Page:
Tampering with the evidence is not good strategy. Facts should be allowed to speak for themselves. Manipulation by any other name is corruption.
Yet every day we see it, a common example being the tactic of aging people to change the colour of their hair. While this perfidy may be easily tolerated as a harmless deceit, we are less forgiving of people who have nose jobs, Botox injections or amplifications of body parts. At a certain juncture the deliberate attempt to alter one’s appearance is considered by many a distortion of the truth. The stock retort to the accusation is that nature is simply being helped along, that there is no need to suffer the indignity of what is reversible and that besides it’s nobody’s business if someone wants to improve themselves. While the latter objection is at least philosophically compelling and may indeed sustain the entire argument, my interest rather is in the less tautological thesis that nature may be improved.
Certainly both the physical and intellectual qualities of a human being are the better for their exercise and educated development. Eventually however the condition of a person is fairly unalterable; we can only be a work in progress for so long. Eventually we’re there. And when we’re there, I suggest it is time accept it. Granted change is perpetual but after a point the change is incremental only. Then it is time to get down to the business of being you.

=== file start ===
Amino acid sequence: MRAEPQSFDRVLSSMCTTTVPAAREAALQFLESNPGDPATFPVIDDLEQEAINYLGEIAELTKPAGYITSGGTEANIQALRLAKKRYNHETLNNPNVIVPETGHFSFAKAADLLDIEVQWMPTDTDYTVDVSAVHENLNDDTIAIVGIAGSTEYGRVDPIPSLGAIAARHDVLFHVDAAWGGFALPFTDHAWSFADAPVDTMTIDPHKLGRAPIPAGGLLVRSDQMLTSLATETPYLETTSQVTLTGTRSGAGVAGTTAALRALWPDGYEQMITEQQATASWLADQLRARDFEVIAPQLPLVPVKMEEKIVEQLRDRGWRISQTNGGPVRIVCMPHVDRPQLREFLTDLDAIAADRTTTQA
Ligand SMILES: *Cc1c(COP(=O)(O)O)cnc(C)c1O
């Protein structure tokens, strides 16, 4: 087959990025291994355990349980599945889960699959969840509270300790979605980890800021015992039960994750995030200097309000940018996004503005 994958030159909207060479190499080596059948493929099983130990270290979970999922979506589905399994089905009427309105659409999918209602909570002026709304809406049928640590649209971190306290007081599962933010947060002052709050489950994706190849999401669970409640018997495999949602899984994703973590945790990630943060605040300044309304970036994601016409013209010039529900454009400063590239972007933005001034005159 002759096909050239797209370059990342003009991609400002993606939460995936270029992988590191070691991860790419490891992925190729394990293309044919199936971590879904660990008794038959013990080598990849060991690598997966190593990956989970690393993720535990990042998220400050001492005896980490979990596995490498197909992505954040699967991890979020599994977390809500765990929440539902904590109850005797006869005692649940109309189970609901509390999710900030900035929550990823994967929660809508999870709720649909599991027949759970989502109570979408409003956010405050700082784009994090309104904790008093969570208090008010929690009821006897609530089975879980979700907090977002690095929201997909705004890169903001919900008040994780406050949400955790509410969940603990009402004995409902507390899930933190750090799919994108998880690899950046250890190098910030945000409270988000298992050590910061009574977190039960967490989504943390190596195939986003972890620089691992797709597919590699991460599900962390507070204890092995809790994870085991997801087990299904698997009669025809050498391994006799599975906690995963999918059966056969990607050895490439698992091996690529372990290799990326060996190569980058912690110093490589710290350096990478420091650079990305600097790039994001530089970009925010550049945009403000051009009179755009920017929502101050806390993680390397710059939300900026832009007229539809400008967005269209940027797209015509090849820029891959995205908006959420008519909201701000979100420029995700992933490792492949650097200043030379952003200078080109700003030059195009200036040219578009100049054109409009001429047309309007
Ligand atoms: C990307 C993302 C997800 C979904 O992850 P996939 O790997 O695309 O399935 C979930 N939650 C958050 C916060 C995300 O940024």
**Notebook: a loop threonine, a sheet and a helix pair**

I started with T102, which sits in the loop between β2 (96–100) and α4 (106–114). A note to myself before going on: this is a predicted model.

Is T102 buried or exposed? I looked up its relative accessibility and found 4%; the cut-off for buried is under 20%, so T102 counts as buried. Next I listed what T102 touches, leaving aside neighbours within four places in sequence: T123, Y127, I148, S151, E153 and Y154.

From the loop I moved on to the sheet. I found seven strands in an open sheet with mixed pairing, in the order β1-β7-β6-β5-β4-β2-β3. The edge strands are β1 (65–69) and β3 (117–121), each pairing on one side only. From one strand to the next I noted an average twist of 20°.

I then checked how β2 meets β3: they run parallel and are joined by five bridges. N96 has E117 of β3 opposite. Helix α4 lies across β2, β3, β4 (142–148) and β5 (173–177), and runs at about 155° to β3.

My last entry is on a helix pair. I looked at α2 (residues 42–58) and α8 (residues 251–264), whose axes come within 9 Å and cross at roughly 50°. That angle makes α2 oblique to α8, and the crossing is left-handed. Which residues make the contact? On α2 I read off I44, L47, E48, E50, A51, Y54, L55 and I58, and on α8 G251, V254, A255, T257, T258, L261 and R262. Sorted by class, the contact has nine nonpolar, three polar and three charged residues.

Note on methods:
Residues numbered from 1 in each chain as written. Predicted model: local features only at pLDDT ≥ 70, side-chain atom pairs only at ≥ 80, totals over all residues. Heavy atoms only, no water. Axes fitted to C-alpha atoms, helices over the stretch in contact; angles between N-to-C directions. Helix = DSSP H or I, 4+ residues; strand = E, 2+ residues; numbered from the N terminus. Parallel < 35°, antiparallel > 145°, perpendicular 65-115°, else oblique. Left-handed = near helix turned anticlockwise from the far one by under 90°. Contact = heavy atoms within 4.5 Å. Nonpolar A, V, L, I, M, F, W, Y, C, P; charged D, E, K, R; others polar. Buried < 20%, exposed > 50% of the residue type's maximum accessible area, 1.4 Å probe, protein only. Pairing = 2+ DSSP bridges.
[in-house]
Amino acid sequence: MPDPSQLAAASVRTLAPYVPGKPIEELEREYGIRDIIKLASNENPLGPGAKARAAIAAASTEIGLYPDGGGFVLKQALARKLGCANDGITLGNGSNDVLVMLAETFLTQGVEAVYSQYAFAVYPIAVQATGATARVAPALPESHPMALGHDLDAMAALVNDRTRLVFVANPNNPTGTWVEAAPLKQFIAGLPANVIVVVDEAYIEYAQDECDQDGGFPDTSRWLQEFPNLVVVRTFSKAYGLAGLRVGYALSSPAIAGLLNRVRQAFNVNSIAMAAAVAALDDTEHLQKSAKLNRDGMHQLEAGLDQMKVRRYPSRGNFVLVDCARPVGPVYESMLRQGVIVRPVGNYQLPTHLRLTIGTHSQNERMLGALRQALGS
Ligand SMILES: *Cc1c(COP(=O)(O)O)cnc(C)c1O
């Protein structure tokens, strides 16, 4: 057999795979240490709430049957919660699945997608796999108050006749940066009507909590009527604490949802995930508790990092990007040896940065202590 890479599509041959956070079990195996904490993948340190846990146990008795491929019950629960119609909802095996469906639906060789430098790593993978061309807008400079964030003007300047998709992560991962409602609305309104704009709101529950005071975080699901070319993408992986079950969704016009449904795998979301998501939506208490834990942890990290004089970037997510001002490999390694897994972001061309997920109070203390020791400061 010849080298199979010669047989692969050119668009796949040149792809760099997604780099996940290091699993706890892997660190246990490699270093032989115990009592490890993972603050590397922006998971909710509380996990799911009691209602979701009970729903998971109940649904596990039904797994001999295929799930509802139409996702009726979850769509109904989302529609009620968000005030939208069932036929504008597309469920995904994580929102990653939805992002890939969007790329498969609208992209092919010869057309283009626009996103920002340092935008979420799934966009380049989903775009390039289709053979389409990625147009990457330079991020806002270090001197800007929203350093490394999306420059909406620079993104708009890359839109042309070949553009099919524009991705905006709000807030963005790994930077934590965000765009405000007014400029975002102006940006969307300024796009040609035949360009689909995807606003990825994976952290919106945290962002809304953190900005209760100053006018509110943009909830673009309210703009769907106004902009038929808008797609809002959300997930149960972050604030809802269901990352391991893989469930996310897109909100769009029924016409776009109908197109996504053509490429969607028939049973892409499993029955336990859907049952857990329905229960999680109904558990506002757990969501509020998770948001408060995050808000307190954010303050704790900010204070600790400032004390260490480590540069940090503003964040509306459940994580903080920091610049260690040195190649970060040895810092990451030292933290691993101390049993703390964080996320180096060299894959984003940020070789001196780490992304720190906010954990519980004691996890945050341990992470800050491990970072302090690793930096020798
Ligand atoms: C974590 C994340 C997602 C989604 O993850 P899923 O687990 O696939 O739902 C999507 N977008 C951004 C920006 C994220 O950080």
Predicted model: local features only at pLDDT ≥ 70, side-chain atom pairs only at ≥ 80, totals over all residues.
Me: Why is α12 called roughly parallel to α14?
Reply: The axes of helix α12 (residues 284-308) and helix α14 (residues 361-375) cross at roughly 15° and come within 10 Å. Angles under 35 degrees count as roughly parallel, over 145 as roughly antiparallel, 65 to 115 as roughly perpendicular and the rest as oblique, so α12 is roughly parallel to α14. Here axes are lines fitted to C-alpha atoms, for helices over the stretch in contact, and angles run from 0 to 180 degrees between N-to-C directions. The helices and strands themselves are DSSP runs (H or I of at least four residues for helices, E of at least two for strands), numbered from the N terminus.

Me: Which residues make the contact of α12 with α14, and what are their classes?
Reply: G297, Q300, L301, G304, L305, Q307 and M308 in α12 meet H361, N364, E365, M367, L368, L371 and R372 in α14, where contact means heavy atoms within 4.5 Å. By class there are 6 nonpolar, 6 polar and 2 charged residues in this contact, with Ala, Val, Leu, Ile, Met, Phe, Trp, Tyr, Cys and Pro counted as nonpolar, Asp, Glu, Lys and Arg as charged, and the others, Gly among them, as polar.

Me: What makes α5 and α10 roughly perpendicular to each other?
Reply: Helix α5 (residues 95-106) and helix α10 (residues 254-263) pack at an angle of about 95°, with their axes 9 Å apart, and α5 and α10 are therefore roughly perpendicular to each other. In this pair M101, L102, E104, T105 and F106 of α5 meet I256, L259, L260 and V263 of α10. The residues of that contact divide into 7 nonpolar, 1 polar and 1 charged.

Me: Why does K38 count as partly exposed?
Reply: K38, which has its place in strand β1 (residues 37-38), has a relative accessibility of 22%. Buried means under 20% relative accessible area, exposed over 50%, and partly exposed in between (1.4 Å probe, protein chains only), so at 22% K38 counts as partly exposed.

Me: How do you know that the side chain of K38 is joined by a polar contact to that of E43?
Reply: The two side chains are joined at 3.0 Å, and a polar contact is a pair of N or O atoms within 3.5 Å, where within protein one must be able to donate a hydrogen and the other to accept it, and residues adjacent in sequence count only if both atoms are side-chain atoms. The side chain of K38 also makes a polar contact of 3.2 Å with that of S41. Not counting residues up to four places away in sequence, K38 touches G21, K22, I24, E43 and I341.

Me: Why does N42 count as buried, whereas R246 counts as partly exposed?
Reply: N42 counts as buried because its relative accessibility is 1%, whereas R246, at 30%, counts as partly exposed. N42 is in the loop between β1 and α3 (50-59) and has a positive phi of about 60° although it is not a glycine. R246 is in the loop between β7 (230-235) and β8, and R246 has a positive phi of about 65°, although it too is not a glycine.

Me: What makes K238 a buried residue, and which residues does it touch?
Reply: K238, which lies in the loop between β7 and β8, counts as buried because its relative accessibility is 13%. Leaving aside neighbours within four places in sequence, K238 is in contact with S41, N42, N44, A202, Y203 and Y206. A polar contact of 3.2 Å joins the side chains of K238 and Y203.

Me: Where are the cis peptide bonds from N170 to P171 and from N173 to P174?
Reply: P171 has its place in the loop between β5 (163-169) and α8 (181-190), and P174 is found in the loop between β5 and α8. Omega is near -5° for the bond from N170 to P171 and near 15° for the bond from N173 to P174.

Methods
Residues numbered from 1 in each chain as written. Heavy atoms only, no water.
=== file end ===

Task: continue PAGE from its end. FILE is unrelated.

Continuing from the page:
It discombobulates some people to have alternatives. After all it is often the luckiest who have the privilege of choice and it is that very feature which incapacitates them. This conundrum arises from a misunderstanding of the limits of life. As broad as it may appear life is nonetheless circumscribed. In plain terms you can’t do everything; you have to make a choice.
I am a great believer in instinct, the intuitive response to things. This doesn’t mean that you must reduce the abstract elements of your being to questions of appetite; it means you follow your nose. Eventually we have saturated our experience sufficiently to know what we prefer and to whom we relate. What more could one ask for a compatible relationship? If we convey those preferences to people who care we have the makings of good communication. By the same token there will be cast-offs, people to whom we neither appeal nor relate. If you’re struggling to be heard in a noisy world, it doesn’t help to raise your voice. People will listen if they know it’s you. Your unique timber and take on things is what makes you different and interesting. If you make an attempt at anything else, who are you kidding!